Discovering the artistic ceramics of Seminara

A dive into the village famous for the masks that fascinated even Picasso
RC-Seminara-artigianato ceramica

© Regione Calabria

Art and Culture

It is like an embrace enclosing the sky, the sea and the mountains. The cliffs and crystal-clear waters of the Costa Viola on one side, the slopes of Aspromonte on the other: from whichever perspective one turns one's gaze, Seminara - wrapped in the green of the centuries-old olive trees of the Piana di Gioia Tauro - fills the eyes with beauty.

The ceramic of Seminara

Mouths wide open, tongues long, eyes wide. You will see them on the doorstep and know that you have arrived in the heart of the village, where these "apotropaic" masks (which, according to popular belief, keep evil away) are part of a tradition that has spanned the centuries and has imbued the history and identity of the place.

After a stroll through the alleyways, inside the workshops it will be the master ceramists known as "pignatari" (potters) who will guide you in the discovery of the world-famous colourful artefacts, whose shapes and vivid colours fascinated even the painter Pablo Picasso. And there are certainly not only the "demons" of the superstitious masks, but also lanterns, bottles, anthropomorphic flasks (in dialect babbaluti), amphorae, jugs, the famous hedgehog-shaped jars, pine cones, and mermaids.

Ceramiche di Seminara
Regione Calabria

Each piece is unique, skilfully moulded using ancient techniques of Byzantine origin, handed down from father to son like the most precious of inheritances. There is no tourist who can resist the charm of these ceramics, made in styles and decorations that have spanned the centuries without ever losing their power to enchant.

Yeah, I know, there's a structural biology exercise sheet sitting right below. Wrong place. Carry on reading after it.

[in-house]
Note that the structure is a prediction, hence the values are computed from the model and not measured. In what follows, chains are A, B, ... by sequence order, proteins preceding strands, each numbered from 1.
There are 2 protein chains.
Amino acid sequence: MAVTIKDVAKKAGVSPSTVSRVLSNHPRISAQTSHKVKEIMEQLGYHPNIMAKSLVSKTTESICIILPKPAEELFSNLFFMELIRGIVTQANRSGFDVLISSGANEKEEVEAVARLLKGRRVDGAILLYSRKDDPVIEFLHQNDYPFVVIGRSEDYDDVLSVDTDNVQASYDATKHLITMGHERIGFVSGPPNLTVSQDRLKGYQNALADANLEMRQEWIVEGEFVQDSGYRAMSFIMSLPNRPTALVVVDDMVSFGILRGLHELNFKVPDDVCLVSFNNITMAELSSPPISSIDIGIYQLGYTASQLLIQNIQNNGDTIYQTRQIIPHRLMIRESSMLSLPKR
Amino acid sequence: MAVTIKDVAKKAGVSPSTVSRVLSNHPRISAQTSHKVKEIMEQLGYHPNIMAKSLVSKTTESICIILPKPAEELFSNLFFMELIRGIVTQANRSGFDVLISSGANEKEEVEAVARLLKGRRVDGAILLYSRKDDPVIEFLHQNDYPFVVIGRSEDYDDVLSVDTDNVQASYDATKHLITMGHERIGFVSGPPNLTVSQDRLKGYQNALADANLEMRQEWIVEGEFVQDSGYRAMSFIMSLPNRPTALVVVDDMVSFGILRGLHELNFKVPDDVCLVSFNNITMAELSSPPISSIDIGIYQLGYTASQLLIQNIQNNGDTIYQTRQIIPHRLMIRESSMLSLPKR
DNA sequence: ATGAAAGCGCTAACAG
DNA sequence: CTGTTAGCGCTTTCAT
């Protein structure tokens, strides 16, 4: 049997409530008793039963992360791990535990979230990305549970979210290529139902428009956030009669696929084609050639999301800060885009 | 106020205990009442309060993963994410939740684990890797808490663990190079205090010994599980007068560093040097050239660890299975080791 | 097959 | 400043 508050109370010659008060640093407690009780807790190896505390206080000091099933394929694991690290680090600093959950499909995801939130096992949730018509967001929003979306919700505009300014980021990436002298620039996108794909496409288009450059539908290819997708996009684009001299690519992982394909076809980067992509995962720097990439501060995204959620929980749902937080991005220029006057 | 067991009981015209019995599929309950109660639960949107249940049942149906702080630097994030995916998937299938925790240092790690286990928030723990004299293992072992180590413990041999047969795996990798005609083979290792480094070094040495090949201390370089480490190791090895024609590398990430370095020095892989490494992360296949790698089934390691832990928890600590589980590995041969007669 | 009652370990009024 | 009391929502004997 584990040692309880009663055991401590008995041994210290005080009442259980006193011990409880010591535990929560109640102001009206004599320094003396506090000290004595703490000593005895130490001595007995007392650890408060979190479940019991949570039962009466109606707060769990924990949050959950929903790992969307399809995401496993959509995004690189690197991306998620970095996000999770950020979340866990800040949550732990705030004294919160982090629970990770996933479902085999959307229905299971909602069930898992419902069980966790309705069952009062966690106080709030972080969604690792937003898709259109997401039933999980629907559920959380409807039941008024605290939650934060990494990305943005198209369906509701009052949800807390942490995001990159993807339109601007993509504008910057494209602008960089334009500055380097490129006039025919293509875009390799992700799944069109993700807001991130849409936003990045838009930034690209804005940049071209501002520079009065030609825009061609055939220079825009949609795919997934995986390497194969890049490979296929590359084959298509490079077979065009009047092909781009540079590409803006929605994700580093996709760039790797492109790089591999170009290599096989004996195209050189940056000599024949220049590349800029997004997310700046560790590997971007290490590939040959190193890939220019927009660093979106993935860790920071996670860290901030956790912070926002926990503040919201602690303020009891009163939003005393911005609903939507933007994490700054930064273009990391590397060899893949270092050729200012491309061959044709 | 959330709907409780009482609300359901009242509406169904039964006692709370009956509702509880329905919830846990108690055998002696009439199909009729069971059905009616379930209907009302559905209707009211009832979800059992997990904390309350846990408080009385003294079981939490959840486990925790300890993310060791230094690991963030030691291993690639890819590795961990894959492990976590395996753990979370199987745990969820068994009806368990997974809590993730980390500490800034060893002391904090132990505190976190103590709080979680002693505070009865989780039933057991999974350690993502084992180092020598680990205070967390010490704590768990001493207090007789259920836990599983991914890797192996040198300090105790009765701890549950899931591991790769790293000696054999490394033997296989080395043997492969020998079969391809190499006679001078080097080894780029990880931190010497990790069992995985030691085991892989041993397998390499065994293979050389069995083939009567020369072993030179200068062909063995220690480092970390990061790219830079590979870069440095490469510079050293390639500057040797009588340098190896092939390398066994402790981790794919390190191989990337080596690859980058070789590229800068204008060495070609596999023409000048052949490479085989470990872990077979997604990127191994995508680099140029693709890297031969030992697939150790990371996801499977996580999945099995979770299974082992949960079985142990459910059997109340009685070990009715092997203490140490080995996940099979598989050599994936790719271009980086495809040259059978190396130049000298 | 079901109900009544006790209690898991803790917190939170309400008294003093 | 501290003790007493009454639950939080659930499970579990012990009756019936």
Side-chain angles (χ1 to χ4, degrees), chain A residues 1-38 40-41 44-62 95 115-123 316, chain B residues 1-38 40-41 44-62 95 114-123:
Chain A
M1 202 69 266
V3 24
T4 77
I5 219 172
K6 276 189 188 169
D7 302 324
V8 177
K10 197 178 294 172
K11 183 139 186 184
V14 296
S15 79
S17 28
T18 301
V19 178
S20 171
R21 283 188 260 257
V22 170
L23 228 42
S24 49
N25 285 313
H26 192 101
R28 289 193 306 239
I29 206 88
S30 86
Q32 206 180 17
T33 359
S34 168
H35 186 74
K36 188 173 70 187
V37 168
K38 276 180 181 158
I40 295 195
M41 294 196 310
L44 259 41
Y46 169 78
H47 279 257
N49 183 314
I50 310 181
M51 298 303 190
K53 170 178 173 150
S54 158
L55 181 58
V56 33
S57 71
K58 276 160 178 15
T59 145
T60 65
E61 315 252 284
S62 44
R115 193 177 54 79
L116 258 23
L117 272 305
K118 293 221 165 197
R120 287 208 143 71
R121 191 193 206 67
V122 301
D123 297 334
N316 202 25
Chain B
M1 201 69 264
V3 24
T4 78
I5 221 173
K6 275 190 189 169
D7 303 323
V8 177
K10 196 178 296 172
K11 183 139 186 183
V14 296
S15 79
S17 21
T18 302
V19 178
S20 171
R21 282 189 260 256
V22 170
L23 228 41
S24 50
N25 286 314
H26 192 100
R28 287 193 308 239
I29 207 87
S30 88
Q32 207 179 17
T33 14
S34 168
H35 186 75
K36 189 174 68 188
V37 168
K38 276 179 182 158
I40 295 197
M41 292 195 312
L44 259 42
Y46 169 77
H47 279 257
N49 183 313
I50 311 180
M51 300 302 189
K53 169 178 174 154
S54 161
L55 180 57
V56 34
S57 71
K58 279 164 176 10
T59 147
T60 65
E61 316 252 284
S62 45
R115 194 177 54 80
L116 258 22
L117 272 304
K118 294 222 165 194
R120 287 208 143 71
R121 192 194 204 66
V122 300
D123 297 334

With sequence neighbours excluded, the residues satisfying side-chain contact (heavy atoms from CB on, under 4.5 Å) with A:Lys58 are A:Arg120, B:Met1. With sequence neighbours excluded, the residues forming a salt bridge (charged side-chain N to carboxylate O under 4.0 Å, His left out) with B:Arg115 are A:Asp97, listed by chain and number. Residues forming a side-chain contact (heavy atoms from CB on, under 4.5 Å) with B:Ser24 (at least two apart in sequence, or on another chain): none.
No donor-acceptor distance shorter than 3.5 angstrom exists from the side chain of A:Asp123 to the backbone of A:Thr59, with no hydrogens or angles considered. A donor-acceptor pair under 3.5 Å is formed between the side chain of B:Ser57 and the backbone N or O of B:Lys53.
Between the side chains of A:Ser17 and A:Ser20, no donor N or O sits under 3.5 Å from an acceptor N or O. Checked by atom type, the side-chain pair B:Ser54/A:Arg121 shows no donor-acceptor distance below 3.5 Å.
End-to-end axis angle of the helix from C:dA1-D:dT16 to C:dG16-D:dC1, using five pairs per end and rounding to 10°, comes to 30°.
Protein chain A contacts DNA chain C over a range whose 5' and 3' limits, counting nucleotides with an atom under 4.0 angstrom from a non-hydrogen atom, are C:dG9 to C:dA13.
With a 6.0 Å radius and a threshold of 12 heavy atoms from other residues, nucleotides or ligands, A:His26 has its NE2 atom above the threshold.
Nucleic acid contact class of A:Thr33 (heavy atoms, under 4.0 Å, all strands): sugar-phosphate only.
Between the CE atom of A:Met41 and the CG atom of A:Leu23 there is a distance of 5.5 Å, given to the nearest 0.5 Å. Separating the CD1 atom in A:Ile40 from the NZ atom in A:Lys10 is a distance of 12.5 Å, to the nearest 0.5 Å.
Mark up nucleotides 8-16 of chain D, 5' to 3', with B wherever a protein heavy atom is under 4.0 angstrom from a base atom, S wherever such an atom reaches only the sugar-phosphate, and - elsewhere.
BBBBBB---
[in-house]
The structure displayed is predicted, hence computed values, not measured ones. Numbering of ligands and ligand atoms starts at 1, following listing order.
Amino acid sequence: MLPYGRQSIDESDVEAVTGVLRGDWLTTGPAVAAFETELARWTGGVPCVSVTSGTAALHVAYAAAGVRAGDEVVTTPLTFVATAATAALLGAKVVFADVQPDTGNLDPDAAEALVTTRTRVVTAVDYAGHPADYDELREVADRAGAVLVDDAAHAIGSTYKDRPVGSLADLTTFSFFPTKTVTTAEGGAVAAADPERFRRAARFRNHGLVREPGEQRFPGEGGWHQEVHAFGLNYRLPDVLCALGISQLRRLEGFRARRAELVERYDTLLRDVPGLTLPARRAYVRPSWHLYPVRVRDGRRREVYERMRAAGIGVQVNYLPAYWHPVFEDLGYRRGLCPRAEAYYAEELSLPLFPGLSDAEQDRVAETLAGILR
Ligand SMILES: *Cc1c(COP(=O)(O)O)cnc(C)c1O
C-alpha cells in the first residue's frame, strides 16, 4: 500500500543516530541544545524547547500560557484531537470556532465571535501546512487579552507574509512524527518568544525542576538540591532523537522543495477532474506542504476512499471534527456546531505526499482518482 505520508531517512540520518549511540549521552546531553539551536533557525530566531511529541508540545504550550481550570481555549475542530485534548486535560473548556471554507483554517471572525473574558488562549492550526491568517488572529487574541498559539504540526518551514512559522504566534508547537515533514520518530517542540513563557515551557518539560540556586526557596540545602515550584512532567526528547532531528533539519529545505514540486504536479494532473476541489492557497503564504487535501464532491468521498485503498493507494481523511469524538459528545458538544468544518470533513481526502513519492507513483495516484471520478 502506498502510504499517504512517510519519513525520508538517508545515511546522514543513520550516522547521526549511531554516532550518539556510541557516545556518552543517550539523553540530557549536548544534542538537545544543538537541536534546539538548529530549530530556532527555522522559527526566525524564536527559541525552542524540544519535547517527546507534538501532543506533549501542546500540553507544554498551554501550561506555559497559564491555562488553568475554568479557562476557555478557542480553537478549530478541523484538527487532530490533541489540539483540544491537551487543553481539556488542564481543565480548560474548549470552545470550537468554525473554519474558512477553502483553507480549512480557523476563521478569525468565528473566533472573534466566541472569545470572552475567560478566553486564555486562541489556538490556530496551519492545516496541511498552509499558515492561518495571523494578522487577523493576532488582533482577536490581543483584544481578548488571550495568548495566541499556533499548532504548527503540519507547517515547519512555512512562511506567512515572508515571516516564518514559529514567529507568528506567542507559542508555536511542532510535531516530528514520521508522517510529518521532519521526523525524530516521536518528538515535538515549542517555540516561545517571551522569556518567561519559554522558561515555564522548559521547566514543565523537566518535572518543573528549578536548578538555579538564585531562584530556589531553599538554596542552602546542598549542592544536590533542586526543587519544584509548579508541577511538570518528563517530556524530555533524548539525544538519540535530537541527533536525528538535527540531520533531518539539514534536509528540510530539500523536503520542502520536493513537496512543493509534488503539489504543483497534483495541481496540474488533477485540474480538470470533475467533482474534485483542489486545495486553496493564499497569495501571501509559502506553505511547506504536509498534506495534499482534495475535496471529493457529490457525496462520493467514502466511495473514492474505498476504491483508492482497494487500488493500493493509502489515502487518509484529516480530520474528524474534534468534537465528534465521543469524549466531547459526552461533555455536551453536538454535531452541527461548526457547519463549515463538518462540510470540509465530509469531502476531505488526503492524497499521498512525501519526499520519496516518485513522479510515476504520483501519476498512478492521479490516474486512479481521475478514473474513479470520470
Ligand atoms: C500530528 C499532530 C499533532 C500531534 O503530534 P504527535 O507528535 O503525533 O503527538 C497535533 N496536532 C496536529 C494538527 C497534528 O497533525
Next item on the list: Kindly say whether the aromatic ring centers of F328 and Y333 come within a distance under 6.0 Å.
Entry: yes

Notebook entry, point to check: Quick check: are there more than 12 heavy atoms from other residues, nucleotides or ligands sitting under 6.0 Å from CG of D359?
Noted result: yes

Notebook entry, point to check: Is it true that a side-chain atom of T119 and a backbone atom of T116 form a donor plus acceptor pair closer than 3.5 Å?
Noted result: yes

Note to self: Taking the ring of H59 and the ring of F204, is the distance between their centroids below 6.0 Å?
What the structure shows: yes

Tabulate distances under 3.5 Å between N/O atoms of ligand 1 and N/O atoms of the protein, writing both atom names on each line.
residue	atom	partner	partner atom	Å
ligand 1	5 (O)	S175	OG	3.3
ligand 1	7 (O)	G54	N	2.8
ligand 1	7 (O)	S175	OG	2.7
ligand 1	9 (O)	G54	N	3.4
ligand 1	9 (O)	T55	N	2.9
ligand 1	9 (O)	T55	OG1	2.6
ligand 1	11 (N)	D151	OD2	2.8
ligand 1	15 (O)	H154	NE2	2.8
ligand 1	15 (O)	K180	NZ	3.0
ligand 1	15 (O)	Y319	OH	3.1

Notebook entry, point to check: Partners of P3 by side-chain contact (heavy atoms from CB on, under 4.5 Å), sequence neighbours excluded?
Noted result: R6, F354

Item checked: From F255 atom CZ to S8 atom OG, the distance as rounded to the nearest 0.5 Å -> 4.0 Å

In 1746, there were no fewer than 23 workshops in Seminara and a few years later, in 1777, the British writer and traveller Henry Swinburne, passing through during his stay in Calabria, noted in his notebook the "ferment of ceramic workshops" that had struck him as he strolled through the streets of the town in the province of Reggio Calabria.

The same amazement is felt today when observing how from clay, the skilled hands of ceramists manage to create unique and unrepeatable forms. To take a closer look at the beauty of ancient and modern artefacts and learn about their history and significance, visit the Ceramics Museum.

What to see in Seminara and its surroundings

A tour of the craftsmen's workshops is a good excuse to visit Seminara, a treasure chest of art and culture surrounded by greenery. In the village - which in 1290 was the birthplace of the philosopher, theologian and mathematician Barlaam Calabro, Petrarch's and Boccaccio's Greek teacher - the stratification of history has left fascinating and evocative traces, especially in the religious buildings.

Also worth mentioning is the Basilica Santuario di Maria Santissima dei Poveri, a church in neo-Romanesque style but best known for its wooden statue of the Ebony-skinned Madonna.

Basilica della Madonna dei Poveri - Seminara
Regione Calabria

Passing by the remains of the Mezzatesta Castle, an ancient 17th-century palace, the Byzantine Monastery dedicated to Saints Elijah and Philarete, where the monks celebrate services according to the Orthodox rite, is certainly worth a stop.

Leaving the ancient walls of the old town behind, all that remains is to dive into the generous nature that envelops the village. It is not easy to get there since it can only be reached by sea, but the beauty of Cala Janculla, the jewel of the Costa Viola with its crystal-clear waters, repays all efforts.

Cala janculla
Regione Calabria

Waterfalls, gorges and canyons, on the other hand, form part of the panorama of the geological and archaeological area of Barritteri, a destination for trekking and walking enthusiasts. Here, while exploring the unspoilt nature, you may come across rocks on which words in ancient Greek are engraved or spot a spectacular waterfall or discover an ancient watermill.

Ultimo aggiornamento: Mar 14, 2024 3:08 PM